1749 | London

Today’s Menu

Henry Fielding presents a bill of fare to a literary feast.

Men who pay for what they eat will insist on gratifying their palates, however nice and whimsical these may prove, and if everything is not agreeable to their taste, will challenge a right to censure, to abuse, and to d—n their dinner without control.

To prevent, therefore, giving offense to their customers by any such disappointment, it hath been usual with the honest and well-meaning host to provide a bill of fare, which all persons may peruse at their first entrance into the house, and having thence acquainted themselves with the entertainment which they may expect, may either stay and regale with what is provided for them, or may depart to some other ordinary better accommodated to their taste.

As we do not disdain to borrow wit or wisdom from any man who is capable of lending us either, we have condescended to take a hint from these honest victualers, and shall prefix not only a general bill of fare to our whole entertainment, but shall likewise give the reader particular bills to every course which is to be served up in this and the ensuing volumes.

The provision, then, which we have here made is no other than Human Nature. Nor do I fear that my sensible reader, though most luxurious in his taste, will start, cavil, or be offended, because I have named but one article. The tortoise, as the alderman of Bristol, well-learned in eating, knows by much experience, besides the delicious calabash and calipee, contains many different kinds of food; nor can the learned reader be ignorant that in human nature, though here collected under one general name, is such prodigious variety that a cook will have sooner gone through all the several species of animal and vegetable food in the world than an author will be able to exhaust so extensive a subject.

An objection may, perhaps, be apprehended from the more delicate, that this dish is too common and vulgar, for what else is the subject of all the romances, novels, plays, and poems, with which the stalls abound? Many exquisite viands might be rejected by the epicure, if it was a sufficient cause for his condemning of them as common and vulgar, that something was to be found in the most paltry alleys under the same name. In reality, true nature is as difficult to be met with in authors, as the Bayonne ham or Bologna sausage is to be found in the shops.

Mauvais Sujet, by Ford Madox Brown, 1863. Tate, London.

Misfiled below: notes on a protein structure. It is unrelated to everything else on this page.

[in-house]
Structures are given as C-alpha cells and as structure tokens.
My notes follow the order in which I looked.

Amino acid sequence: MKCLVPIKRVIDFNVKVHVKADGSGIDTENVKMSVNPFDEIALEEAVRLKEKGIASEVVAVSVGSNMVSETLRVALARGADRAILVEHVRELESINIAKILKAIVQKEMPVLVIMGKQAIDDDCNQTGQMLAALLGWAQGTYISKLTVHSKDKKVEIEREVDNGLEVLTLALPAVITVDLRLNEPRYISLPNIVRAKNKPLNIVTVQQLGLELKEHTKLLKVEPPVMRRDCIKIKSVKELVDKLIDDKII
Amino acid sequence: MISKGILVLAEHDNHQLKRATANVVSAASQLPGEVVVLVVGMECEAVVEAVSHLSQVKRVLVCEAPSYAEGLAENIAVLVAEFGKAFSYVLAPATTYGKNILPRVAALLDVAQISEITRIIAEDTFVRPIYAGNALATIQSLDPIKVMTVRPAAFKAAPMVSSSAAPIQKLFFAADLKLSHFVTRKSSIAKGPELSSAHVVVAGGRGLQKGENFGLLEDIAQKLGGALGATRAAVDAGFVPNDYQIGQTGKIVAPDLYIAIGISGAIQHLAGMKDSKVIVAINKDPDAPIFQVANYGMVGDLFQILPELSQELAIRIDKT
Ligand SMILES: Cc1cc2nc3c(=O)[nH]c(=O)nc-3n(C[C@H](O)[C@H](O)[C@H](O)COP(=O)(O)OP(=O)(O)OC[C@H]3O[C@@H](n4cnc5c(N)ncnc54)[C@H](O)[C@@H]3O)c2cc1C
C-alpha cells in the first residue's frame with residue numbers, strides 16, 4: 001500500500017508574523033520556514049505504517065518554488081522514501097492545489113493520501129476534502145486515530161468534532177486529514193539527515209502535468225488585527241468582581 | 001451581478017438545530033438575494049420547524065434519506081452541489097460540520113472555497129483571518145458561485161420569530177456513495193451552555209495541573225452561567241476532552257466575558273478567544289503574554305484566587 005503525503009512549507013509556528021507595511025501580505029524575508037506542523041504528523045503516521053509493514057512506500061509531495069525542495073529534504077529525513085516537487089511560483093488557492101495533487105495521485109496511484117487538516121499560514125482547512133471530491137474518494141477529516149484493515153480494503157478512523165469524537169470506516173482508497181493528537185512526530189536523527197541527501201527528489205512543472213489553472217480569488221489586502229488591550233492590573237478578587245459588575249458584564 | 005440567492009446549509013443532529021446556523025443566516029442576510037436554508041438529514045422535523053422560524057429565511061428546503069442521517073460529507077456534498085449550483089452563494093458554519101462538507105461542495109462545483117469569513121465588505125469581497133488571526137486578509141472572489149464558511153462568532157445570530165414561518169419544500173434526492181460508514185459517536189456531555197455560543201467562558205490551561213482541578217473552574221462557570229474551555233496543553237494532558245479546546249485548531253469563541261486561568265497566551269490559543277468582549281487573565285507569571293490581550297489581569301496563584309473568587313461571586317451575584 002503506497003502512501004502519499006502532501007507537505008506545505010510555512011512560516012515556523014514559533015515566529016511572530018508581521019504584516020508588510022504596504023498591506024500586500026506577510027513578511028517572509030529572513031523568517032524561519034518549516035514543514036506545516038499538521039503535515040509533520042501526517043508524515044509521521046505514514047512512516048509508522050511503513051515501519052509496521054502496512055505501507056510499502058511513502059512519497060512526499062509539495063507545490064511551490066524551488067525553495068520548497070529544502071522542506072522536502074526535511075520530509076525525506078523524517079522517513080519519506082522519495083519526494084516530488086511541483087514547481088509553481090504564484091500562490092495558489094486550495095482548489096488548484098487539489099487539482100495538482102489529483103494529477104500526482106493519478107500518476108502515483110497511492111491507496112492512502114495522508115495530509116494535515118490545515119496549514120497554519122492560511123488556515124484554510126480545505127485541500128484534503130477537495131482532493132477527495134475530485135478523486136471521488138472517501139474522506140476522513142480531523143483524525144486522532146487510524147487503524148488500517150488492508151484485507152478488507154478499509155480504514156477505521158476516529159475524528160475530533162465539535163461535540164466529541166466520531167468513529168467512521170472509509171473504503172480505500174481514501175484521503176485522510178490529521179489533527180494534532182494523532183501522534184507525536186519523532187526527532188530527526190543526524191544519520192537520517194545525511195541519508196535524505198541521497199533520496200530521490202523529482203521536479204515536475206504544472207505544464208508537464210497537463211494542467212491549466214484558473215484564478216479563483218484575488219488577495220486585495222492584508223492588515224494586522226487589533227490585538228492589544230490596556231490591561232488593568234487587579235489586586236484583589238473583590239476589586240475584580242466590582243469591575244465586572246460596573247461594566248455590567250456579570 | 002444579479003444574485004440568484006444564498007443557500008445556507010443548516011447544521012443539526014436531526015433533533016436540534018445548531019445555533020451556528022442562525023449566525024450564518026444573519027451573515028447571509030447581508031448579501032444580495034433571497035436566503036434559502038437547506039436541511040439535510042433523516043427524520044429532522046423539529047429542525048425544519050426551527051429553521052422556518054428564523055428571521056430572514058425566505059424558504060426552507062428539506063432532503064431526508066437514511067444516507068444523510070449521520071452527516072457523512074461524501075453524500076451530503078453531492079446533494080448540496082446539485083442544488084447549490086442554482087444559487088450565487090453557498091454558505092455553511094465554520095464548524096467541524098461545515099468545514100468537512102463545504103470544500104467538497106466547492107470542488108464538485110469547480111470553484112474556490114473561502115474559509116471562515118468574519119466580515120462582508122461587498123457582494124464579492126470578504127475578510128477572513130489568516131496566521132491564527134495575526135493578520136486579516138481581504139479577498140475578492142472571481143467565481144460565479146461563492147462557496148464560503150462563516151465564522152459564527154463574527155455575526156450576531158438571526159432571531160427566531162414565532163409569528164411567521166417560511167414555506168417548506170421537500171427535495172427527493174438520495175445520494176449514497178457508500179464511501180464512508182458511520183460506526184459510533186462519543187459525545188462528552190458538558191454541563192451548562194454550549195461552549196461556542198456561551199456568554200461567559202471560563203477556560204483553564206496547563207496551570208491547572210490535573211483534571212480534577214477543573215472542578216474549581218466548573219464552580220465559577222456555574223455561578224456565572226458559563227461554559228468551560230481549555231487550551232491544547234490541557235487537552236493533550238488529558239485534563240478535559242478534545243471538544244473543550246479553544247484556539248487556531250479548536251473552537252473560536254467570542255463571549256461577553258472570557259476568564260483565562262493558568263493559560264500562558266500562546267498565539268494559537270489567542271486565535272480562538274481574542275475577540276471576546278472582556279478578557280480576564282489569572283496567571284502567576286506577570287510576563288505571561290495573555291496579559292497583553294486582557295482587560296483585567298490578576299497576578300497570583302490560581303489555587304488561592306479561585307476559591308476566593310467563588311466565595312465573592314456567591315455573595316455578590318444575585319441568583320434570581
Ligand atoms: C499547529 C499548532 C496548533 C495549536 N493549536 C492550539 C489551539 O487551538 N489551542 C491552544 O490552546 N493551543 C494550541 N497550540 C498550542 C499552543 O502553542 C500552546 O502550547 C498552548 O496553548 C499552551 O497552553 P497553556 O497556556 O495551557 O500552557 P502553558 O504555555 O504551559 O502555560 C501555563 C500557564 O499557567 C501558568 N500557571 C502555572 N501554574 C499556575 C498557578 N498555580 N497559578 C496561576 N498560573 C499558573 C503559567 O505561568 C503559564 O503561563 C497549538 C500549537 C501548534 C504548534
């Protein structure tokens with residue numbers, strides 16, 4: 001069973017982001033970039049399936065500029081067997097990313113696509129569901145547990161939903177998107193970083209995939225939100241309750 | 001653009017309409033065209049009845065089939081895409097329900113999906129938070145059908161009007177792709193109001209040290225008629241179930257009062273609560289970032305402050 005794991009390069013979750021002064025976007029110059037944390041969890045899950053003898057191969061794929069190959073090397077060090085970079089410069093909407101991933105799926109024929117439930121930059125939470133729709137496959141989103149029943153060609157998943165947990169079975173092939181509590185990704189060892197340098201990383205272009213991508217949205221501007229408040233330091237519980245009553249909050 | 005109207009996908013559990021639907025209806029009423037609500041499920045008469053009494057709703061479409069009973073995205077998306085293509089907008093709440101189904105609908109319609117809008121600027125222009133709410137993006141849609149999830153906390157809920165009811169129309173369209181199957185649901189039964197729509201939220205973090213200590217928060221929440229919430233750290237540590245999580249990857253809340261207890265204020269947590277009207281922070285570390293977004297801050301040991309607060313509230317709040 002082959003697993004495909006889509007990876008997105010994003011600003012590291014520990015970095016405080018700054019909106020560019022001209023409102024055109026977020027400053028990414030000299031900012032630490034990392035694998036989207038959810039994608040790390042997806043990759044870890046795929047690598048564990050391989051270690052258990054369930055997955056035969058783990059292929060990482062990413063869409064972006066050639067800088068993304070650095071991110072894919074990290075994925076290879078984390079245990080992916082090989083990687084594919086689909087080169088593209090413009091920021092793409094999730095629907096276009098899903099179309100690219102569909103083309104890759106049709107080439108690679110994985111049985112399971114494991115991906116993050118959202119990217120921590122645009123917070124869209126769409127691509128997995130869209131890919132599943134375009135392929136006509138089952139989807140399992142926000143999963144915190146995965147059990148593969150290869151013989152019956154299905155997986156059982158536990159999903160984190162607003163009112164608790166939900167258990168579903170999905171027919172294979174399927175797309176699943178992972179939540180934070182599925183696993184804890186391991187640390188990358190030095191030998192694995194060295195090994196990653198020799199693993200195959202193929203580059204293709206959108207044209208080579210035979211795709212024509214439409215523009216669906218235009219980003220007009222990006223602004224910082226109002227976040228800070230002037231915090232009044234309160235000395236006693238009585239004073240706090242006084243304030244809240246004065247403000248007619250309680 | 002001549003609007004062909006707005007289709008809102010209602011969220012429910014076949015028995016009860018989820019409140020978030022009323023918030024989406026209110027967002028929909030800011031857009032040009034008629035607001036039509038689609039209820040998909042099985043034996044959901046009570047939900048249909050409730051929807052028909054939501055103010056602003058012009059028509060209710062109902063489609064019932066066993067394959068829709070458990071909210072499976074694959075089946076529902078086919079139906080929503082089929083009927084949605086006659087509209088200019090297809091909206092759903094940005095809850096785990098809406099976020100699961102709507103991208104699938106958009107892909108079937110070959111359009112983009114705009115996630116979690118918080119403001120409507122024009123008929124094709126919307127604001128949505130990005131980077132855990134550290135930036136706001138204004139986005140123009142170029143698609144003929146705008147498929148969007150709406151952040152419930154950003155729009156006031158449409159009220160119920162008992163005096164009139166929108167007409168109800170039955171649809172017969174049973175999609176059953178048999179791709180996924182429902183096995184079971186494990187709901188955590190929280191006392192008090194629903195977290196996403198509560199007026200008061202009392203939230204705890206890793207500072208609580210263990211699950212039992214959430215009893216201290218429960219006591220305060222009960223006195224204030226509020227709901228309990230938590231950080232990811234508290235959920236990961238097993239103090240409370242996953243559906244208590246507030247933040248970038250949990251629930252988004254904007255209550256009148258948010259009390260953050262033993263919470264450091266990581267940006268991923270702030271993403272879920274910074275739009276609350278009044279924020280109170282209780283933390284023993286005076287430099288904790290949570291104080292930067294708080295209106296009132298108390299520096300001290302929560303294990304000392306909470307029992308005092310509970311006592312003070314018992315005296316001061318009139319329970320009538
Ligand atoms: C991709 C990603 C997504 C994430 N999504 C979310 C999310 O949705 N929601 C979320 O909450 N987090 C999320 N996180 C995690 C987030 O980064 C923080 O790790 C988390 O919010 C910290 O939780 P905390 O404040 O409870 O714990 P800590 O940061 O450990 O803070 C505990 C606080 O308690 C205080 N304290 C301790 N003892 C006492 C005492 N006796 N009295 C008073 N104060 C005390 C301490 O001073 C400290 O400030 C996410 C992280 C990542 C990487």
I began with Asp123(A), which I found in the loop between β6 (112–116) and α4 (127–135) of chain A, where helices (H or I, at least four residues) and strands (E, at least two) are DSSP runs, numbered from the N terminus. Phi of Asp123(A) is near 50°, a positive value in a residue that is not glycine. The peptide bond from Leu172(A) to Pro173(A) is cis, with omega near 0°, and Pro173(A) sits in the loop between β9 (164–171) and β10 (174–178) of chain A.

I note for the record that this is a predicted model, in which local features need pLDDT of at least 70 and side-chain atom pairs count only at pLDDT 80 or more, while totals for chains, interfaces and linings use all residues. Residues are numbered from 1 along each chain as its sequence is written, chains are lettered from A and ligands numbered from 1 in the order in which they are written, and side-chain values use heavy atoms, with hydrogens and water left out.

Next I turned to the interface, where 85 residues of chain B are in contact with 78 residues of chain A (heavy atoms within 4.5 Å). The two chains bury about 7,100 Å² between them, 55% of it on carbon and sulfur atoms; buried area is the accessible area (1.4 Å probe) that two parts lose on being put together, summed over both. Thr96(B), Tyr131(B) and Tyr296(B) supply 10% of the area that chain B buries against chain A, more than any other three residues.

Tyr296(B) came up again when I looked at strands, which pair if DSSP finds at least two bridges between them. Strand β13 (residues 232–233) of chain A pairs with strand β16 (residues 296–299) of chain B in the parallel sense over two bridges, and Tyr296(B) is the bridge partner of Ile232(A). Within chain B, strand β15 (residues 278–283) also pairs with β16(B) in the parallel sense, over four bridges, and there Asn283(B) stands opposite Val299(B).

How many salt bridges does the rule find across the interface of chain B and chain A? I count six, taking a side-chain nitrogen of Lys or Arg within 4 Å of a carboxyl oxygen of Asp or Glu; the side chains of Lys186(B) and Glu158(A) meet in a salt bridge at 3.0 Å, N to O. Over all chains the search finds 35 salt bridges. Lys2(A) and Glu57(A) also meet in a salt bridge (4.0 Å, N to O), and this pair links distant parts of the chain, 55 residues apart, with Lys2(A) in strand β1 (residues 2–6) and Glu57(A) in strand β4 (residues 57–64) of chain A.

Mauvais Sujet, by Ford Madox Brown, 1863. Tate, London. 

The same animal, which hath the honor to have some part of his flesh eaten at the table of a duke, may perhaps be degraded in another part, and some of his limbs gibbeted, as it were, in the vilest stall in town. Where then lies the difference between the food of the nobleman and the porter, if both are at dinner on the same ox or calf, but in the seasoning, the dressing, the garnishing, and the setting forth? Hence, the one provokes and incites the most languid appetite, and the other turns and palls that which is the sharpest and keenest.

In like manner, the excellence of the mental entertainment consists less in the subject than in the author’s skill in well dressing it up. How pleased, therefore, will the reader be to find, that we have, in the following work, adhered closely to one of the highest principles of the best cook, which the present age, or perhaps that of Heliogabalus, hath produced? This great man, as is well known to all lovers of polite eating, begins at first by setting plain things before his hungry guests, rising afterward by degrees, as their stomachs may be supposed to decrease, to the very quintessence of sauce and spices. In like manner, we shall represent human nature at first to the keen appetite of our reader, in that more plain and simple manner in which it is found in the country, and shall hereafter hash and ragout it with all the high French and Italian seasoning of affectation and vice, which courts and cities afford. By these means we doubt not but our reader may be rendered desirous to read on forever, as the great person just above mentioned is supposed to have made some persons eat.


Henry Fielding

From The History of Tom Jones, a Foundling. When his allowance dried up in 1727, Fielding in his early twenties was faced with “no choice but to be a hackney writer or a hackney coachman.” He wrote some twenty-five plays, one ridiculing the prime minister so wickedly that it prompted the Licensing Act of 1737 and ended Fielding’s career in the theater. He became a justice of the peace in 1748, publishing this masterwork of English literature one year later.